In the most memorable commercial of Super Bowl Sunday, when Eli Manning hoisted Odell Beckham Jr. high into the air in some NFL-style “Dirty Dancing,” the Giants entertainingly changed the conversation from the doom and gloom of 2017 to Blue skies ahead next fall.
Manning and Beckham were the two natural stars to headline the spot: the beloved face-of-the-franchise, two-time Super Bowl MVP quarterback restored to his starting role after a house-cleaning; and the uber-talented, A-list celebrity receiver whose brand has gone global at age 25, who is hunting a Comeback Player of the Year award coming off injury, and who tantalizingly hasn’t even yet reached his prime.
But do Manning and Beckham really engender the same affinity, loyalty and emotions in the hearts of Giants fans, who stood so strongly behind Manning against the organization’s mishandlings this winter, accelerating John Mara’s overhaul of the front office and coaching staff?
Or, faced with a choice of Beckham vs. the Giants, is the vocal pro-Manning majority actually the same group of fans that would prefer a faceless 53-man roster of silent yeomen and predictable stability to the drama, controversy and attention that Beckham— despite his talent and performance on the field — brings with him?
No one will know the answer to that question until Beckham and the Giants reach a public impasse. And it might never get to that point if the Giants, spearheaded by assistant GM Kevin Abrams, and Beckham, represented by Zeke Sandhu of Elite Athlete Management, agree on a lucrative, long-term contract extension quietly and soon.
But understand, while next week’s NFL Combine in Indianapolis will train attention on the Giants’ draft scouting process, their No. 2 overall draft choice and the possibility they will select a quarterback of the future, the lingering incompletion of Beckham’s contract extension will remain the biggest story of this offseason until it gets done.
And if it gets ugly, while plenty of Giant fans own No. 13 jerseys and countless youngsters have dyed their hair blonde in his likeness, it remains unanswered whether the same mob that rose up to defend Manning will go to bat for Beckham over the Big Blue brand.
The Giants since Manning’s benching have cleared out anyone with the idea that the franchise QB was finished: Ben McAdoo, Jerry Reese, Marc Ross, casualties all. The firings of Reese and Ross, though, also pushed two of Beckham’s most obvious supporters and believers out of the building.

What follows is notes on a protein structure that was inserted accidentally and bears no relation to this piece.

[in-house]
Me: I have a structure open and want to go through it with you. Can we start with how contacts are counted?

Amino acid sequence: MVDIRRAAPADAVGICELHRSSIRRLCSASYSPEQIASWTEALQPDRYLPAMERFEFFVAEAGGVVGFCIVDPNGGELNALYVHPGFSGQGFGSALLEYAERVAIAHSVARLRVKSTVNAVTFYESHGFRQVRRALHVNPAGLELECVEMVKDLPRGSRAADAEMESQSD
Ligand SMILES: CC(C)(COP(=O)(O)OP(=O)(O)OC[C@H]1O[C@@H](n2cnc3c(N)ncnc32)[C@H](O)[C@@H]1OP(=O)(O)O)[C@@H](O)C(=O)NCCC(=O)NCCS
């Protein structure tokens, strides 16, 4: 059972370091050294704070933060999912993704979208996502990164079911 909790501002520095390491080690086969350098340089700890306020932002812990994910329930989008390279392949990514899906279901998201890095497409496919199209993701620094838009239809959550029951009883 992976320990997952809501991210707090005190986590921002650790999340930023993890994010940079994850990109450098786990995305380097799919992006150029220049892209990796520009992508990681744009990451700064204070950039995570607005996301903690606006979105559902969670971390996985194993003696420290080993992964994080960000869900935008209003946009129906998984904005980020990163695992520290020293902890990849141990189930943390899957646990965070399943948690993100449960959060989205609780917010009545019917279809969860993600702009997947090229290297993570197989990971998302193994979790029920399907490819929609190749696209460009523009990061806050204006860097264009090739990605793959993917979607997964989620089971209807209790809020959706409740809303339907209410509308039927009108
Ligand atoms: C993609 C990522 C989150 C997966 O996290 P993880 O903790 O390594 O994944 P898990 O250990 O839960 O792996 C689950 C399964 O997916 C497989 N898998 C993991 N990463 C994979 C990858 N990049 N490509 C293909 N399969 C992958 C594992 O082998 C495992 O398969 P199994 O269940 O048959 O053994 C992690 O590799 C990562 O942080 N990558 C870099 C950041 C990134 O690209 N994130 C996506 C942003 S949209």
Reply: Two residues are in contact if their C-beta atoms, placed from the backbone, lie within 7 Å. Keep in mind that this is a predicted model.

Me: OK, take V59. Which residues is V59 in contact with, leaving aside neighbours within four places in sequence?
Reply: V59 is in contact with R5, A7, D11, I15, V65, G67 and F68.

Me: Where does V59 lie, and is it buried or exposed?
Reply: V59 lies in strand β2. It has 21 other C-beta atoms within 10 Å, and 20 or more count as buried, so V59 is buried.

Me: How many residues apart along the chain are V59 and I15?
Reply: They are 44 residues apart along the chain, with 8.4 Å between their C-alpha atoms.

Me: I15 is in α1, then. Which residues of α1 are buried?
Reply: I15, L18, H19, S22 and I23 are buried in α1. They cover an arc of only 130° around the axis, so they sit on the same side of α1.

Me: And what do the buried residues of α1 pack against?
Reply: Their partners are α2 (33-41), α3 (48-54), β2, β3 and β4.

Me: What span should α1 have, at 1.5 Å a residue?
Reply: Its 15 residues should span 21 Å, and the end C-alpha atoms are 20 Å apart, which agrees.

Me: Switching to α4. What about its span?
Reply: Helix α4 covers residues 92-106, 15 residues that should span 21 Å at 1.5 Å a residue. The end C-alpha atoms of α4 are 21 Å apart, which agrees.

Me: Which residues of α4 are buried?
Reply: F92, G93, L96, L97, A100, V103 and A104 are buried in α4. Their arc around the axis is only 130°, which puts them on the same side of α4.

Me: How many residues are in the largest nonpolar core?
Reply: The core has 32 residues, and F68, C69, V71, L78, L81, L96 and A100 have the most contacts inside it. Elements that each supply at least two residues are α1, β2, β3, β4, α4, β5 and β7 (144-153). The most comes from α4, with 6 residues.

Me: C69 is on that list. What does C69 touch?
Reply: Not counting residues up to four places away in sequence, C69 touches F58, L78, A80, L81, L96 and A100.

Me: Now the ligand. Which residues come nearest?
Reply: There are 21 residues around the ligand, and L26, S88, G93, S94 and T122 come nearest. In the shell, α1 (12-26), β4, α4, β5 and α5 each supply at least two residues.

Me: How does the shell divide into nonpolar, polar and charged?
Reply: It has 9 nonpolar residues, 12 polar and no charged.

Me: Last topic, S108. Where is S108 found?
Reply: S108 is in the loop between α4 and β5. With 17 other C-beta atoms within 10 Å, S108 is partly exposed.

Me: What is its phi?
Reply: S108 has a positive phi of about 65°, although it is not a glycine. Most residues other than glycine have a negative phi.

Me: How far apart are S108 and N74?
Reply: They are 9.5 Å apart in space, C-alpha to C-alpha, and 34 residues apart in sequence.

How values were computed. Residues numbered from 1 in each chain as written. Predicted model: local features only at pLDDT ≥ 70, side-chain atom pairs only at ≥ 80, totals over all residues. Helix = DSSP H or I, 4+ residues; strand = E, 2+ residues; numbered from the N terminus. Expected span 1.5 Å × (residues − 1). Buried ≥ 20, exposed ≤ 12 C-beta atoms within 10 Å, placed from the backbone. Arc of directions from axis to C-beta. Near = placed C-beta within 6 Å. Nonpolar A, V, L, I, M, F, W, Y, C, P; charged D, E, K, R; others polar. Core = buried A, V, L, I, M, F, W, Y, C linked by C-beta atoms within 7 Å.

So is there a Team Eli and Team Odell in Giants land? Are they separate entities? Or is that commercial true to the preferred plan of both the Giants and their faithful, to include both players prominently in the long-term plan?
Mara put Beckham on notice when he hired Pat Shurmur, stressing he wanted Beckham first to meet his new head coach to discuss “how we’re gonna act.” By all accounts that meeting went well. Beckham wants to be back, and Mara has said often he wants that, too.
Beckham’s market value arguably grows, however, as the NFL salary cap rapidly expands and quarterbacks such as Kirk Cousins are expected to fetch possibly $ 30 million a year in new deals on the open market. And Beckham, it can’t be said enough, would be more than justified in holding out until his contract gets done.
For while Beckham is due an $ 8.4-million salary this coming season on his fifth and final-year option the Giants picked up, he already lost one season due to injury and he will not want to get stuck in a franchise-tagging cycle that guarantees him no long-term security.
With his five-year, $ 25 million Nike endorsement contract with incentives signed last year, Beckham is both secure enough financially to withstand a holdout and marketable enough to demand the type of salary most cannot. And he said last year he wants to be the highest-paid player in the league. Don’t forget that.
Mara knew this was coming. Last July, when the team president reassured the media and public that he intended one day to pay Beckham big, Mara did qualify his confidence when asked how he would know the right moment to enter into negotiations with OBJ.
“When we determine that his agent is being reasonable,” Mara said with a smile. “And we have not had discussions so far, so don’t assume we’ve had any discussions so far. When we think that there’s a deal to be made, then we’ll make a deal.”
So when will that be? Beckham doesn’t seem to be sweating it. He rubbed shoulders with “Black Panther” star Chadwick Boseman at the NBA All-Star Game in Los Angeles on Sunday, was photographed partying recently with new Yankees slugger Giancarlo Stanton in West Hollywood, and on Tuesday posted a gift he’d received from fellow Nike frontman Cristiano Ronaldo.
Beckham is a star. And in addition to being a great player, he also is the Giants’ greatest recruiting chip in attracting their preferred young quarterback to the Big Apple — if he’s locked up long-term, that is.
If not, and the Beckham-Giants negotiations enter The Octagon of public appeal, it’s fair to wonder whether Giants fans will tolerate the distraction to see their franchise retain a talented player in the long run.
Or, if the fatigue of last season’s embarrassment will have the masses clamoring for the elimination of that distraction via trade, in favor of some more of the good old days of Eli — even if the truth is those days likely have passed him by.